Misusability update #2
Misusability under every rock
When writing a book on misguided digital design you are obviously primed to find content that supports your case. And right now I feel overwhelmed by the many examples out there of people being harmed by digital services and how companies, often consciously, use tactics that persuade with little chance for people to find their footing and consider their options.
The power of defaults describes an effect often associated with a study looking into organ donation (Johnson & Goldstein, 2003). The study found that donor registration rates were twice as high when potential donors had to opt out versus opt into donor registration.
Simply put: people are less likely to change an option that is already set for them, opting to just accept it – choosing the path of least resistance.
Recently I found reason to criticize the e-mail newsletter platform Mailchimp for misusing the power of defaults. In a recent move the company decided to completely flip their default model for how people subscribe. They moved from a solution where subscribers had to confirm they own the e-mail address (double opt-in) to a solution where anyone can enter any e-mail address to subscribe without a confirmation step (single opt-in).
The most damning issue is perhaps not even the decision to change the recommended default of many years, giving only seven days notice. They really crossed the line when changing the behavior of millions of existing newsletters to single opt-in without asking permission from newsletter owners.
No matter your stance on the right-or-wrong of single opt-in newsletters, the whole chain of events displays a behavior that forces a clear agenda onto inexperienced individuals. It is also dangerously tone-deaf to conflicting laws that may apply in the countries of its users. Six days after the announcement Mailchimp responded to criticism by changing some decisions, but in my mind too little and too late.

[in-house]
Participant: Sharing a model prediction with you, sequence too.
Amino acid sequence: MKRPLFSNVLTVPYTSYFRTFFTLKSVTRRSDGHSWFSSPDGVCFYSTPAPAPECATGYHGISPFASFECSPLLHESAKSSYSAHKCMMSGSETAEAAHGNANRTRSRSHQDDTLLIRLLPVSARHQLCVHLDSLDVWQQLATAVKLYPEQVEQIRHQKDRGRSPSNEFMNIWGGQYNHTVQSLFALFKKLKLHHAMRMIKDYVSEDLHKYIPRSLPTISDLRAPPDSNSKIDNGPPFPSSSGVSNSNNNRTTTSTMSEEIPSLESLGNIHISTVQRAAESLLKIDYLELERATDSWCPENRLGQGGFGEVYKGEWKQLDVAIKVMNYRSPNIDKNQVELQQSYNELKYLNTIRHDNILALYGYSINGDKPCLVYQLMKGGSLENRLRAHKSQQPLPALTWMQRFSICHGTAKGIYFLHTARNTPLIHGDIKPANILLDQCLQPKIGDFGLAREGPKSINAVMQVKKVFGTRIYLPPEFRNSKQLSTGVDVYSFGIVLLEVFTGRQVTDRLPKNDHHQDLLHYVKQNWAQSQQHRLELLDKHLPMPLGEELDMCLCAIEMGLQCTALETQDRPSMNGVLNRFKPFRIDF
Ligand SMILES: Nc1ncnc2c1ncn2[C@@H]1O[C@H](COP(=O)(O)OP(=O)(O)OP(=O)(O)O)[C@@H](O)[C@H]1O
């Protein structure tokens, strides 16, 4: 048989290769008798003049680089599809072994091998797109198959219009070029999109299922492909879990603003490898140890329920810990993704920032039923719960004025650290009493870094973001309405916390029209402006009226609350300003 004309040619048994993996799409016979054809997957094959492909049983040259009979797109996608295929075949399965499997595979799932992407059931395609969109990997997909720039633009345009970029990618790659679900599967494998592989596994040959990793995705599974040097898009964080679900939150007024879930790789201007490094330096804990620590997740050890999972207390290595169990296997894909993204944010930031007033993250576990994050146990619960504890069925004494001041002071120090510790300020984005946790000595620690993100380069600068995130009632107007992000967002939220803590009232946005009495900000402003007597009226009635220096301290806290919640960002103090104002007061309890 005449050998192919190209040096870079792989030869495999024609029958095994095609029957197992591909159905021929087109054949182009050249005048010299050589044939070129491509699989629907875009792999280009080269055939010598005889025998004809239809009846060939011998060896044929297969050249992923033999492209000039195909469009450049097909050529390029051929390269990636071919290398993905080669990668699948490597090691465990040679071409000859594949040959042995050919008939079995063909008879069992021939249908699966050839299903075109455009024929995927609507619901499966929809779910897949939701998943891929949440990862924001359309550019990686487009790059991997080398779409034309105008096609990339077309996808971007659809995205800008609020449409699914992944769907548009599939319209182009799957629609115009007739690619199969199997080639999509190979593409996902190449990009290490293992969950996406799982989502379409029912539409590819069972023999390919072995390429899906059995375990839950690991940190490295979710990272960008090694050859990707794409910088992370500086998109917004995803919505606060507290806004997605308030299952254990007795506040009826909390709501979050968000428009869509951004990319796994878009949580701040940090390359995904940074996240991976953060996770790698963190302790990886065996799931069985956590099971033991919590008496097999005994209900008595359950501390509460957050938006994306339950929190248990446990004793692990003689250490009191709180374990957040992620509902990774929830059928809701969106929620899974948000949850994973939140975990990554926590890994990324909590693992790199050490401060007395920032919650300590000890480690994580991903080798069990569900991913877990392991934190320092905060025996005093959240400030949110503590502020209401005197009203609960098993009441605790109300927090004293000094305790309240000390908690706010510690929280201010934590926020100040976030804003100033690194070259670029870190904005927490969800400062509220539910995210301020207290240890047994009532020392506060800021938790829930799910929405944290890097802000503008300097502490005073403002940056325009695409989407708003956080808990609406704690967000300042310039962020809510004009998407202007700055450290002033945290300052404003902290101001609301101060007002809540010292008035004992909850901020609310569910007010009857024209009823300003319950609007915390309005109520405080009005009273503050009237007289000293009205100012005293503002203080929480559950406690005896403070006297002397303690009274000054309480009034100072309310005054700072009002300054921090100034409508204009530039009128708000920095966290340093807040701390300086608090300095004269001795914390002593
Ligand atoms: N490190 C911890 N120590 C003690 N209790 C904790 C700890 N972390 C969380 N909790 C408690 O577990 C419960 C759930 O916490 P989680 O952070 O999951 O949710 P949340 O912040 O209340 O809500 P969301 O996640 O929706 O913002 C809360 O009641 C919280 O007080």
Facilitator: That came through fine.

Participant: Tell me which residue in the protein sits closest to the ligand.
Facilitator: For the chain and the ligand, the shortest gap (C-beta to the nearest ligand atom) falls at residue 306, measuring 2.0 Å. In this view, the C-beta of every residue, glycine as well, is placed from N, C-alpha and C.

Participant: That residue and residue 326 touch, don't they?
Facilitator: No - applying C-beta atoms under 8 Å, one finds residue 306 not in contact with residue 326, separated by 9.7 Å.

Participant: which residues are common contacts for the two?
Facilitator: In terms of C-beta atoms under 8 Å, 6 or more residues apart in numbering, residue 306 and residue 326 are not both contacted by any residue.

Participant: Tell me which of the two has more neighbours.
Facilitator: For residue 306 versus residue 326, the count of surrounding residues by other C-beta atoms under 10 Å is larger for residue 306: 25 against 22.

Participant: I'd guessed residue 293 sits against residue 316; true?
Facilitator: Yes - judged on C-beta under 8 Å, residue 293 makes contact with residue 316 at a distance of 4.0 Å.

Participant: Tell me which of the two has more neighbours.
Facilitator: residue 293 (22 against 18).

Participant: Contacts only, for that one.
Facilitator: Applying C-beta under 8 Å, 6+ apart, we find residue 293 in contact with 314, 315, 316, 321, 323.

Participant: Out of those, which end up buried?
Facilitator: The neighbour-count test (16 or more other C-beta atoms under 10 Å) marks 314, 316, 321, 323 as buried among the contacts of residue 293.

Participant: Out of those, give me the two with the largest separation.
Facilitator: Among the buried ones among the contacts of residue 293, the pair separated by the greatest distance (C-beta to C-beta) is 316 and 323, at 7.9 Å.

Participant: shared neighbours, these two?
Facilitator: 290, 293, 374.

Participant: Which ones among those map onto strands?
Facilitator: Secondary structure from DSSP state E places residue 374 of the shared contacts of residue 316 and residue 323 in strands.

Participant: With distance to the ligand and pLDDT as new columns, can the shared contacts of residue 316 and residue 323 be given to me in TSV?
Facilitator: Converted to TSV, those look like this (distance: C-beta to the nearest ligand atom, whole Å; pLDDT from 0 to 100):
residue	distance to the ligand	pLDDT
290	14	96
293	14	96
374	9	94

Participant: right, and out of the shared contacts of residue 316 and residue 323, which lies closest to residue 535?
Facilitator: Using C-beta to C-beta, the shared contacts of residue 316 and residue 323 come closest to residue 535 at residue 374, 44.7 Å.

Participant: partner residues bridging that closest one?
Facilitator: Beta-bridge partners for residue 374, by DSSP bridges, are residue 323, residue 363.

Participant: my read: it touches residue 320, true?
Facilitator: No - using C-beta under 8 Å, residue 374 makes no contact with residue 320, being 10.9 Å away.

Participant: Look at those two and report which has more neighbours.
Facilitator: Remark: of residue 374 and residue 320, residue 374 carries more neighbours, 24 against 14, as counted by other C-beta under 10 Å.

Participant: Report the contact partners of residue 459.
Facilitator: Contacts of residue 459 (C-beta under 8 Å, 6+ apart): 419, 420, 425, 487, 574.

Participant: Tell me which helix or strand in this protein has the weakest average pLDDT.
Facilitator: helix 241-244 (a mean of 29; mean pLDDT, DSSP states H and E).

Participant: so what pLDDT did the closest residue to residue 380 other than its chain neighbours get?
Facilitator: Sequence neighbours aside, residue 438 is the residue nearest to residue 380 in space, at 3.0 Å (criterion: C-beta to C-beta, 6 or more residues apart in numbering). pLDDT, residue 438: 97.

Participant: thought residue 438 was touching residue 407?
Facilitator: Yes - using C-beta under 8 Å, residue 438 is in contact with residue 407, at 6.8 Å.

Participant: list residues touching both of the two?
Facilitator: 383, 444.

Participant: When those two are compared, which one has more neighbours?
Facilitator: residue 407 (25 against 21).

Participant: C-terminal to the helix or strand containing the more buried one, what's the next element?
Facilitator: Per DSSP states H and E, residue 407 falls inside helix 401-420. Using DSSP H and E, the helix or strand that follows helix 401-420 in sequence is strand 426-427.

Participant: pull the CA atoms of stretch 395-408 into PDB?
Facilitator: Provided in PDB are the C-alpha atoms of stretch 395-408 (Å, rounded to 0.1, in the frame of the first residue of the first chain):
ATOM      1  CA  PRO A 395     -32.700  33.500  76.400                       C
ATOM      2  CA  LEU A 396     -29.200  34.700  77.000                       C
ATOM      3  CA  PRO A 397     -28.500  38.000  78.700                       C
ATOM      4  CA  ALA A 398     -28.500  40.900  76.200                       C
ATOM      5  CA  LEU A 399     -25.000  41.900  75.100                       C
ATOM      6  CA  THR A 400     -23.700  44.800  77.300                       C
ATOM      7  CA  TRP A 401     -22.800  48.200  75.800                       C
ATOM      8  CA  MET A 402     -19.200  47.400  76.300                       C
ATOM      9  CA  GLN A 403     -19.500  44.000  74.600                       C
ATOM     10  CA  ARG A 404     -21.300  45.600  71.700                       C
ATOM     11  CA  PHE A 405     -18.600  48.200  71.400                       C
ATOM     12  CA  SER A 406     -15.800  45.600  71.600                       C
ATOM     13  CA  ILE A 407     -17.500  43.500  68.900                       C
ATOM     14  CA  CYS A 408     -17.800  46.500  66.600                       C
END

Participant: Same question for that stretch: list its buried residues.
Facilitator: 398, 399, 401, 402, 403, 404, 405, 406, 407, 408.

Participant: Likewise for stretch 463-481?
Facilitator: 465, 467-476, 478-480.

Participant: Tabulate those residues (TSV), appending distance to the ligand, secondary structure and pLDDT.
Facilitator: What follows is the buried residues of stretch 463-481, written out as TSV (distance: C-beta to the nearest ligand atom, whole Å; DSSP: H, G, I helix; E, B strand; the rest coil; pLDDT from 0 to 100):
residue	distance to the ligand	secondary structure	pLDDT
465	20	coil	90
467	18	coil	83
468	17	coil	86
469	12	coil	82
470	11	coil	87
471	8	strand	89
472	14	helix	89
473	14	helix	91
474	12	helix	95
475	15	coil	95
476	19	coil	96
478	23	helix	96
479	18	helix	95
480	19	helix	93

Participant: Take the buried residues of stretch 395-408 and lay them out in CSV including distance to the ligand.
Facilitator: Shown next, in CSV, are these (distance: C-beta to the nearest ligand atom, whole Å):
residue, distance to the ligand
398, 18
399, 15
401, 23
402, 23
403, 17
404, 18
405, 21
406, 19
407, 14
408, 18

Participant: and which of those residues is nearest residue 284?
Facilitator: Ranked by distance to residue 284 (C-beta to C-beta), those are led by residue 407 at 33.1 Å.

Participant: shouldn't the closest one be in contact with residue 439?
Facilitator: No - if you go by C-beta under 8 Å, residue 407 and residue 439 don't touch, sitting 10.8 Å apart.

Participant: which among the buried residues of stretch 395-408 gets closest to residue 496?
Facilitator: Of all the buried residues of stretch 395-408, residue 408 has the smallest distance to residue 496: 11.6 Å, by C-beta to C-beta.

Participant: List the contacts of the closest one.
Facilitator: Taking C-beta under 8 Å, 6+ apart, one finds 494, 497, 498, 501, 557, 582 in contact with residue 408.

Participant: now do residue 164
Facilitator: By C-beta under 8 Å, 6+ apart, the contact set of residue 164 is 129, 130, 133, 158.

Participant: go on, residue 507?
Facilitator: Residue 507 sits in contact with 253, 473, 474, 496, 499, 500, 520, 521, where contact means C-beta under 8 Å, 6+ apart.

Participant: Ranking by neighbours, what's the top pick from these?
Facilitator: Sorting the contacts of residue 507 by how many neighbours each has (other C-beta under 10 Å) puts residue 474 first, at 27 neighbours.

I have written more about this on Medium:
My 20 year anniversary freebie
20 years ago today I registered axbom.com. It is mind-blowing what has happened with the Internet since then. And it is quite a mind-changing journey I have undertaken, starting as an advocate for usability, moving into business strategy, into UX, discovering coaching and today questioning many of the practices that many in our industry take for granted.
To commemorate this day I wanted to share with you a worksheet I just put together for use in my workshops and when coaching. It asks that you visualize your work situation from various aspects relating to autonomy and ethical thinking, such as “I do what I want to” and “My work is good for other people.” Here is an example.
There are three diagrams like this, with 3 arms that have a scale of 10 steps. By marking on each arm how much you agree (10 is strongly agree) with the statement along the arm, you can then draw lines between these points on each arm and fill in an area representing how much you agree with the assertions.
There is also a space next to each diagram where you optionally can choose to write a few words about how you feel about the result, anything you would like to clarify for yourself or even an action you may want to take based on an insight you got.
Let me know how easy it is to use for you, if you find it valuable and if there is anything you would like to change. The idea is to evaluate regularly to help you monitor changes. Remember, only you know what feels like the right answer.
Upcoming workshops and talks
The interest in misusability is clearly growing.
I will be holding a 4-hour workshop in Lyon, France, on February 5. There may still be som early bird tickets available for Manage misusability: Design for digital with a conscience. Check out the conference website for the full calendar of events during Interaction Week.
The venue for the 7th Edition of Camp Digital in Manchester, UK, is the beautful Royal Exchange Theatre. I will be presenting my talk Navigating the Ethical Minefield of Digital Design.
The target group for these updates is primarily designers working with digital and who are curious about understanding and managing negative impact and misuse of power in design. If you find my e-mails useful I am deeply thankful when you share them with anyone you think would benefit from the content.
The subscribe url is axbom.com/newsletter